Black Panther (2018) (Blu-ray film review).

Following on from ‘The Avengers: The Age Of Ultron’, T’Challa (actor Chadwick Boseman) returns home for the ritual to become King of Wakanda and the official inheritor of the Black Panther guise. His first chore, though, is to apprehend Ulysses Klaue (actor Andy Serkis) who has retrieved a piece of missing vibranium to power his bionic arm’s sound weapon. Thing is, sans arm Klaue is rescued by Erik Killmonger (actor Michael B. Jordan) before being killed.

T’Challa later learns that Killmonger is his own step-brother. Into this mix is CIA agent Everett K. Ross (actor Martin Freeman) who takes a nearly fatal bullet for T’Challa who has no choice but to get him to Wakanda to recover and who then learns the truth of just how technologically advanced their land is. On recovery, Ross gives them more history of Killmonger that they didn’t know. Killmonger wants his birthright and to challenge T’Challa for the throne and the latter loses.

Oddly, Killmonger isn’t traditionally evil but wants to right black prejudice for the black man world-wide. It’s just the way he wants to do it that could put Wakanda in trouble.

Meanwhile, T’Challa’s mother (actress Angela Bassett) and sister Shuriu (actress Letitia Wright) take Ross to the gorilla tribe M’Baku (actor Winston Duke) leads for sanctuary and discover T’Challa in a coma and brought back to life. T’Challa sees no choice but to continue the challenge as he never surrendered. There is much division and rebellion and spoilers if you’re still catching up like me.

I can understand how this film got its liking. It transcends colour and even addresses how to deal with explaining why and how change is on the way. Instead of western technology is coming to Africa, superior African technology is coming the other direction. Things are not likely to stay the same on Marvel Earth.

I think one of the problems I have with the largely female cast is keeping up with who is who and that this wasn’t largely defined by who they were, especially with so many in similar costumes. Hence, I’m not sure who else to identify in the brief synopsis above.

The audio commentary is with director Ryan Coogler and production designer Hannah Beachler. Between them, they created a 300 page background of Wakanda. When you think back to Stan Lee and Jack Kirby, I suspect they created as they went along. At least they agree with me on one thing, there’s a lot of characters to keep track of. The sets are based on colour tints with London being based on blue as an example although that was filmed in Atlanta. Interestingly, they focus more on the filming then the actors. I wish I had a pound for every time Coogler said, ‘you know what I’m saying’, as I’d be very rich.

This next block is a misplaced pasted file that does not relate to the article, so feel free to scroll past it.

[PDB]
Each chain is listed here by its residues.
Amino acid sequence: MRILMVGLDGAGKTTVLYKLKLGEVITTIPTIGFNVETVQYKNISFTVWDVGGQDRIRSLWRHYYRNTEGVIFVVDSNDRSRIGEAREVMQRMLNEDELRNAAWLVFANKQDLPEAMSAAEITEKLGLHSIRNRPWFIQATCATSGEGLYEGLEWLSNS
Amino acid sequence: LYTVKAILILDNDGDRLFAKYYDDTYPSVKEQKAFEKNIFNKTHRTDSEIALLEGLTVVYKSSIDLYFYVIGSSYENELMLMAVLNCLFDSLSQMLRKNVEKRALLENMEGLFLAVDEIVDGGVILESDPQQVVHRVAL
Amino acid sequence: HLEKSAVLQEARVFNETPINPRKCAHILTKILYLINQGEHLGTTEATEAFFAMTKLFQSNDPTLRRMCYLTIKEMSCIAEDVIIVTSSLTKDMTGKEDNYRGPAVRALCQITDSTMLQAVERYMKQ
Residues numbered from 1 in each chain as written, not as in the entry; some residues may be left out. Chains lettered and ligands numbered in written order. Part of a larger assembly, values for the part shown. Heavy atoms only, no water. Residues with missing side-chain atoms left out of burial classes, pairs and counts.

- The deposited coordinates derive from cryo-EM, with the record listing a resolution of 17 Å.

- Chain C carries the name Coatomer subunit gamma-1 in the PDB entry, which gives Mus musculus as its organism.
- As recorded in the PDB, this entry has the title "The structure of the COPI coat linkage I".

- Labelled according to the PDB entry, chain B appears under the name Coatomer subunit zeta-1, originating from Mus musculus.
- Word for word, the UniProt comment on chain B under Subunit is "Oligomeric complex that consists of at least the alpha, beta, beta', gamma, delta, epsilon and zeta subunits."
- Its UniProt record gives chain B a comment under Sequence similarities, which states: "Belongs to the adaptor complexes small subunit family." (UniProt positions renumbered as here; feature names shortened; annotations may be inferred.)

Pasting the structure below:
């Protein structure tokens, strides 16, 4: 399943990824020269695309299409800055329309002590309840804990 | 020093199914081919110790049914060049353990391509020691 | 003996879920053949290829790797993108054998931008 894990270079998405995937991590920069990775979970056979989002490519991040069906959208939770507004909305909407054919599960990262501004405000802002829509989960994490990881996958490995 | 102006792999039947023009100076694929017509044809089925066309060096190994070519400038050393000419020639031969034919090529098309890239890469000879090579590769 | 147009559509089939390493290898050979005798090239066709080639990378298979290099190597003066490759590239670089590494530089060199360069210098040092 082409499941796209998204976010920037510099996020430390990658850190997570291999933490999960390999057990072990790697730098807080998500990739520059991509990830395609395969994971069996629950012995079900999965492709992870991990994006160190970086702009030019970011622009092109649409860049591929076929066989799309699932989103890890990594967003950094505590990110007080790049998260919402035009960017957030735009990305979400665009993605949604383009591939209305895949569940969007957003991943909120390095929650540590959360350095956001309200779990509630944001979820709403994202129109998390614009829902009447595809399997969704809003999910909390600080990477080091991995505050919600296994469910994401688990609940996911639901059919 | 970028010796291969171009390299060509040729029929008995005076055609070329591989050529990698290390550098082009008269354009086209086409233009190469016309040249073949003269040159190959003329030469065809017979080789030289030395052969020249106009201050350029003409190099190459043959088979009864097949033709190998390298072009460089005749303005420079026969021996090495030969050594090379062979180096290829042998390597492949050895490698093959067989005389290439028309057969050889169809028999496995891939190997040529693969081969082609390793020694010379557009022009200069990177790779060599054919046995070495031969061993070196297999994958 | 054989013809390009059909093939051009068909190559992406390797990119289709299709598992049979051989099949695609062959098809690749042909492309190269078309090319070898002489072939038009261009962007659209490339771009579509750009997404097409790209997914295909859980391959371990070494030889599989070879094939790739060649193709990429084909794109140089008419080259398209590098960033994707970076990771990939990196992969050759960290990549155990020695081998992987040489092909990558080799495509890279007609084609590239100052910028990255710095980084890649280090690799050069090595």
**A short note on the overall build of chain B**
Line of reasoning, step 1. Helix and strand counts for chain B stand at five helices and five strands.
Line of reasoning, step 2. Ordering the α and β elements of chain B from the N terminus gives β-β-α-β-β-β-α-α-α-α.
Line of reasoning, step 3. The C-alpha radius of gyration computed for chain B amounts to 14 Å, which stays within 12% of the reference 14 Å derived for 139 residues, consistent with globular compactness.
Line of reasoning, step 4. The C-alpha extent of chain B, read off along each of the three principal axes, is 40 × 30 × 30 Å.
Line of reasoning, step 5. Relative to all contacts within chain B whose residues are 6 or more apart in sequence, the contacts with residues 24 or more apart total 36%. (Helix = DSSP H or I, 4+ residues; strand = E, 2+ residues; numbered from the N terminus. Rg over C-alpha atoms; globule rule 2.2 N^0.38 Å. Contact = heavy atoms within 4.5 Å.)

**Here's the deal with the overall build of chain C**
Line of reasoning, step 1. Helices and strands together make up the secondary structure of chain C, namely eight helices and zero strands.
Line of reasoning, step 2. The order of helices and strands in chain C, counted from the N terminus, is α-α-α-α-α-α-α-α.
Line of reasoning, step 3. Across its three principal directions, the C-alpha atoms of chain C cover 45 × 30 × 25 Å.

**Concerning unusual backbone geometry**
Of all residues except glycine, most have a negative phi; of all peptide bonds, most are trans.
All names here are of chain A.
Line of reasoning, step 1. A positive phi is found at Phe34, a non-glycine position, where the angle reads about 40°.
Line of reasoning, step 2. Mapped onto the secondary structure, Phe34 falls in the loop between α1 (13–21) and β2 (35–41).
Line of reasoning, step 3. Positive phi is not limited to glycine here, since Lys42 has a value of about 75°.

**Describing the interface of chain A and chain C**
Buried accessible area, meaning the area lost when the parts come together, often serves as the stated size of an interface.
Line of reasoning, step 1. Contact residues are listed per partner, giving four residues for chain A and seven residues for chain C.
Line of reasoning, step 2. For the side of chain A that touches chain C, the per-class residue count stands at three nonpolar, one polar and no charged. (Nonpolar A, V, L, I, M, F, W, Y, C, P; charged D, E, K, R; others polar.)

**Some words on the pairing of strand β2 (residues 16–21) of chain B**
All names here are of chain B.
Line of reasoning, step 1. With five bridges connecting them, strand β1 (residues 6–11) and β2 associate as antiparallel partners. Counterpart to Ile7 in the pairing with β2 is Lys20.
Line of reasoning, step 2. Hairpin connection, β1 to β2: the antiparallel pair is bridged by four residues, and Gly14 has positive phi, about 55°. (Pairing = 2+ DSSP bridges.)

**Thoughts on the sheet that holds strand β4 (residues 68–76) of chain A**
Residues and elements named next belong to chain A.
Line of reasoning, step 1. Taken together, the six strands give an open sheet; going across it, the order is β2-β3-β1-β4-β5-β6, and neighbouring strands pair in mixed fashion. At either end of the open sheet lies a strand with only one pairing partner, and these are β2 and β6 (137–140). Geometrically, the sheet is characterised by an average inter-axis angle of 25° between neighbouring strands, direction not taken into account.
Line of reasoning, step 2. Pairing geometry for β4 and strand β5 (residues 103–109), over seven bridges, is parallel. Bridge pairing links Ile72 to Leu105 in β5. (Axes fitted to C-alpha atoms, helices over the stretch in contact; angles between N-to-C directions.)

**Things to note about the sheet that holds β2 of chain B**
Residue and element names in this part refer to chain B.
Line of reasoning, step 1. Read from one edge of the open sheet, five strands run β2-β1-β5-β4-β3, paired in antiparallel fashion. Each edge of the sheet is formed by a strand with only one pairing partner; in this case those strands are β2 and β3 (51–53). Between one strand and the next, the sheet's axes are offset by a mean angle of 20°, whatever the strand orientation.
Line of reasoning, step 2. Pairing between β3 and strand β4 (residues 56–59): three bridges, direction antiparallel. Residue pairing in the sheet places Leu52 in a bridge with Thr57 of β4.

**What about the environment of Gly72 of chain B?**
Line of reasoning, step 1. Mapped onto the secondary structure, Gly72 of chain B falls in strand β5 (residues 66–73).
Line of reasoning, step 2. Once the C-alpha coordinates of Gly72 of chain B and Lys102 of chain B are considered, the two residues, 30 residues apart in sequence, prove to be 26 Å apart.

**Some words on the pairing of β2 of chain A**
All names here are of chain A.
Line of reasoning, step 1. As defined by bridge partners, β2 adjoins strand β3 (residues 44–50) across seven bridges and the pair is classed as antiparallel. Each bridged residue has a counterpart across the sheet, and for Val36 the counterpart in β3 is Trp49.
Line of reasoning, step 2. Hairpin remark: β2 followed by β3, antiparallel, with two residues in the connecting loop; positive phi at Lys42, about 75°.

The 25 minutes of featurettes targets Wakanda’s African cultures blended into one but I do have one problem. If all the best warriors are women, why have a man for a king? The 90 second ‘Gag Reel’ is far too brief and considering how some of it was funny, I wish there was more. The ‘Deleted Scenes’ running on 4 scenes does fill in some gaps.

Far more interesting to me is the 20 minute ‘The Page To Screen: A Roundtable Discussion’ where the producer/writer Ryan Cooglar and co-scriptwriter Joe Robert Cole discuss Black Panther’s background and development with comicbook writers Don McGregor, Christopher Priest and Ta-Nehisi Coates. ‘Marvel Studios: The first Ten Years’ running at 9 minutes should catch you up with what’s been going on in case you’re lost.

If I have to be critical of ‘Black Panther’ then I think it’s a little too long, although I understand that there is so much to establish to build up to various events.

GF Willmetts

June 2019

(region b blu-ray. pub: Disney. 135 minute film with extras. Price: I only paid a couple quid thanks to Nectar points (UK). ASIN: B079QGSMGV)

cast: Chadwick Boseman, Michael B. Jordan, Martin Freeman, Winston Duke, Andy Serkis, Angela Bassett, Lititia Wright, Lupita Nyong’o and Danai Gurira

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